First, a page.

Skip to main content Skip to secondary navigation Accessibility Feedback

How to build wicked fast RWD sites

This site is pretty fast already, but over the weekend, I made some adjustments to further improve it’s performance.

This article was supposed to be about the changes I made and how they made my site even faster. Instead, they actually slowed my site down. Today, I want to share with you what I tried, how it impacted my performance, and how I ultimately set things up to keep this site high-performing.

The Adjustments #

My site today is structured around the recommendations from my Wicked Fast Websites series: CSS up top, JS at the bottom, icon fonts for my icons.

There are two emerging performance recommendations I wanted to try out:

  1. Converting from an icon fonts, which many consider a hack, to an SVG sprite.
  2. At the recommendation of Google, Filament Group (whose site is absurdly fast, by the way), and a few others, inlining my critical path css for faster rendering.

The Performance Tests #

I used WebPageTest.org to test my performance.

Since I’ve already go the overall size a typical page on my site down to a lean ~25kb, the number I really cared about was Start Render. That measures how quickly the site begins to render content in the browser.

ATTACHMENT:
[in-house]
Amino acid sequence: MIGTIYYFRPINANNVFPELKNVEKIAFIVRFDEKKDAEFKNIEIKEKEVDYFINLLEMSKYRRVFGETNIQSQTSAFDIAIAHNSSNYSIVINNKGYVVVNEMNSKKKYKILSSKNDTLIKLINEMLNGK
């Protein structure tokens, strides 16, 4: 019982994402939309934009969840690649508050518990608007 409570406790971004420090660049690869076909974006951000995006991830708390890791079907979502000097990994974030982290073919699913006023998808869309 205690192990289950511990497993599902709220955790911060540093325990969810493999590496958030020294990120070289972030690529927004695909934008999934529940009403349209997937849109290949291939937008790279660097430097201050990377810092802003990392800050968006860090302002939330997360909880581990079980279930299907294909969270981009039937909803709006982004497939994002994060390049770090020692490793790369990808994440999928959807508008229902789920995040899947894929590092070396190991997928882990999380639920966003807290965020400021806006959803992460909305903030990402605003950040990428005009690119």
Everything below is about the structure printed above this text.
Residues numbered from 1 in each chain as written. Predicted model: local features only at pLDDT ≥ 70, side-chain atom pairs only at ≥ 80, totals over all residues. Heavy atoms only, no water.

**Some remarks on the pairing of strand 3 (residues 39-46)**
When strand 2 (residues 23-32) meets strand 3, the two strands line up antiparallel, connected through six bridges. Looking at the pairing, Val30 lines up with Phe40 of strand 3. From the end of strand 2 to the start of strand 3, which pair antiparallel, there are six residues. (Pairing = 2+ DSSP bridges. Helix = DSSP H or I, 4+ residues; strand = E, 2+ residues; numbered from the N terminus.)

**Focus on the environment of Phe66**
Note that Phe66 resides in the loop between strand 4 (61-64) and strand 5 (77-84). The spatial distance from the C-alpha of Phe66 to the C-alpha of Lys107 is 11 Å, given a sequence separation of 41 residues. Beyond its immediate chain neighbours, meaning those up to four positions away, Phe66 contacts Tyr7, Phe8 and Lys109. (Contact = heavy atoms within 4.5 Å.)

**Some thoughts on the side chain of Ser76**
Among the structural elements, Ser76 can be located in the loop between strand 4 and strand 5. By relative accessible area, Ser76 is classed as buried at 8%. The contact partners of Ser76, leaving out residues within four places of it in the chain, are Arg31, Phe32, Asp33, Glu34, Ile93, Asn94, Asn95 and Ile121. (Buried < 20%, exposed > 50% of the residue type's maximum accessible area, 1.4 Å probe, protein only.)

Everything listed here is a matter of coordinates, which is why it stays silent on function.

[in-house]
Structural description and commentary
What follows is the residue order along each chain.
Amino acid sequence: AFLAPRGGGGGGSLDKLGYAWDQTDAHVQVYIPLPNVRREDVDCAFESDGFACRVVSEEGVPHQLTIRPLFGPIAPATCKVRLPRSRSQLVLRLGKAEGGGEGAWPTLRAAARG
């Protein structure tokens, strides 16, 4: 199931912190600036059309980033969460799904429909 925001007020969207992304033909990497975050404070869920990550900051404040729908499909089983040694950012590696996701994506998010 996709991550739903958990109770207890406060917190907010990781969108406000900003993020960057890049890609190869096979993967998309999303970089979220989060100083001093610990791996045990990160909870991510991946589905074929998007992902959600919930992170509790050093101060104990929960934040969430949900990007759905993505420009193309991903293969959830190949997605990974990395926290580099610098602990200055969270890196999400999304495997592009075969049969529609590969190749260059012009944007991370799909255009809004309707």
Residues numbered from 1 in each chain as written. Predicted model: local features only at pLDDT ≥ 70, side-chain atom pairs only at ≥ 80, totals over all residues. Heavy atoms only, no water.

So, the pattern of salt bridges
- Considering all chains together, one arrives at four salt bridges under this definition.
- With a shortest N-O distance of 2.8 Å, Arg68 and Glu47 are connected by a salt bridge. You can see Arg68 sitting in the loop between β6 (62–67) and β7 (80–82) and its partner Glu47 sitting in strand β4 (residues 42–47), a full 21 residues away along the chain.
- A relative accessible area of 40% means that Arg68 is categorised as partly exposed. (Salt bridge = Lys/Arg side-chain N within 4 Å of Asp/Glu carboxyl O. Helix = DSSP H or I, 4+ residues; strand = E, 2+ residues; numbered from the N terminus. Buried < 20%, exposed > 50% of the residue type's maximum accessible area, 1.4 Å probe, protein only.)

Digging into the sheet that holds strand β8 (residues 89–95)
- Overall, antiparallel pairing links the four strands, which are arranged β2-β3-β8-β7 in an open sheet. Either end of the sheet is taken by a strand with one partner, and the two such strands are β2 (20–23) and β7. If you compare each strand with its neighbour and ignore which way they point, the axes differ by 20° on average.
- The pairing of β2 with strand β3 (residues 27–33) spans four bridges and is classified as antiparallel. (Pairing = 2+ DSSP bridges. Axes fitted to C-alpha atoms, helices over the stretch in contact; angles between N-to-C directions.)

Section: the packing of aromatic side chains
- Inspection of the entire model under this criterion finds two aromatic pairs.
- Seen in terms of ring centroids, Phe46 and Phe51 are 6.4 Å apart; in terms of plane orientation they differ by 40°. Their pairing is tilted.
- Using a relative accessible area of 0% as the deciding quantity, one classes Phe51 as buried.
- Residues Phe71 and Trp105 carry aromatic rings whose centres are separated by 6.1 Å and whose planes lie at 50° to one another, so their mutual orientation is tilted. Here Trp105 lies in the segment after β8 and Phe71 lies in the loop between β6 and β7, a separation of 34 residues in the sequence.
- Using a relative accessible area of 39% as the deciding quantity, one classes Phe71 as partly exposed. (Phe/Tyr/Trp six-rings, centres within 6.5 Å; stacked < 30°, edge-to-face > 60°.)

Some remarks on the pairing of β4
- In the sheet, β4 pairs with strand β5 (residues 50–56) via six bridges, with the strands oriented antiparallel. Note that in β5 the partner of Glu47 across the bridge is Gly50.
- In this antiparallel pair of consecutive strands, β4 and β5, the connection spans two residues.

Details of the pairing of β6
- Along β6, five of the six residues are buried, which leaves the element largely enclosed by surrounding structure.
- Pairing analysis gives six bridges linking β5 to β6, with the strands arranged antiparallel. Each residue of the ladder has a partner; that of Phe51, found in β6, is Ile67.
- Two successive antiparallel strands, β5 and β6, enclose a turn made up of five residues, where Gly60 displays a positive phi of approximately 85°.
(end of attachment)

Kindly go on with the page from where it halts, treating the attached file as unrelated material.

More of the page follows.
I ran all tests with IE9 on a cable connection, and most of them a second time with Chrome on a fast 3G connection. When the results seemed too high to be accurate, I reran the test and used the better performing of the two results. I’ve omitted the results of the 3G test from the table below because I did not run them for all setups (more on that later).

Definitions #

CSS
External CSS: An external, linked file.
Inline CSS: The full contents for my CSS file inline (~5kb minified and gzipped).
Critical CSS: The above fold contents inline, and the full CSS async loaded with Filament’s LoadCSS script.

Icons
Icon Font: A 7.8kb icon font built with IcoMoon.
Embedded SVG: An SVG sprite hidden and included directly in the markup.
External SVG: An SVG sprite included by referencing an external (minified and gzipped) file.

Feature Detection
Inline Detects: An script to detect support for SVG or @font-face.
External Detects: An external JS file to detect support for SVG or @font-face.

The Results #

First ViewSubsequent Views
Baseline
External CSS
Icon Font
External Detects
0.711s0.322s
Inline CSS
Embedded SVG
Inline Detects
0.682s0.621s
External CSS
Embedded SVG
Inline Detects
0.691s0.506s
External CSS
External SVG
Inline Detects
1.286s0.386s
Inline CSS
External SVG
Inline Detects
1.698s0.672s
Critical CSS
External SVG
Inline Detects
0.838s0.690s
Critical CSS
Embedded SVG
Inline Detects
0.575s0.543s
Critical CSS
Icon Font
External Detects
0.807s0.424s
External CSS
Icon Font
Inline Detects
0.851s0.412s
Critical CSS
External SVG
External Detects
0.973s0.703s
External CSS
External SVG
External Detects
0.752s0.355s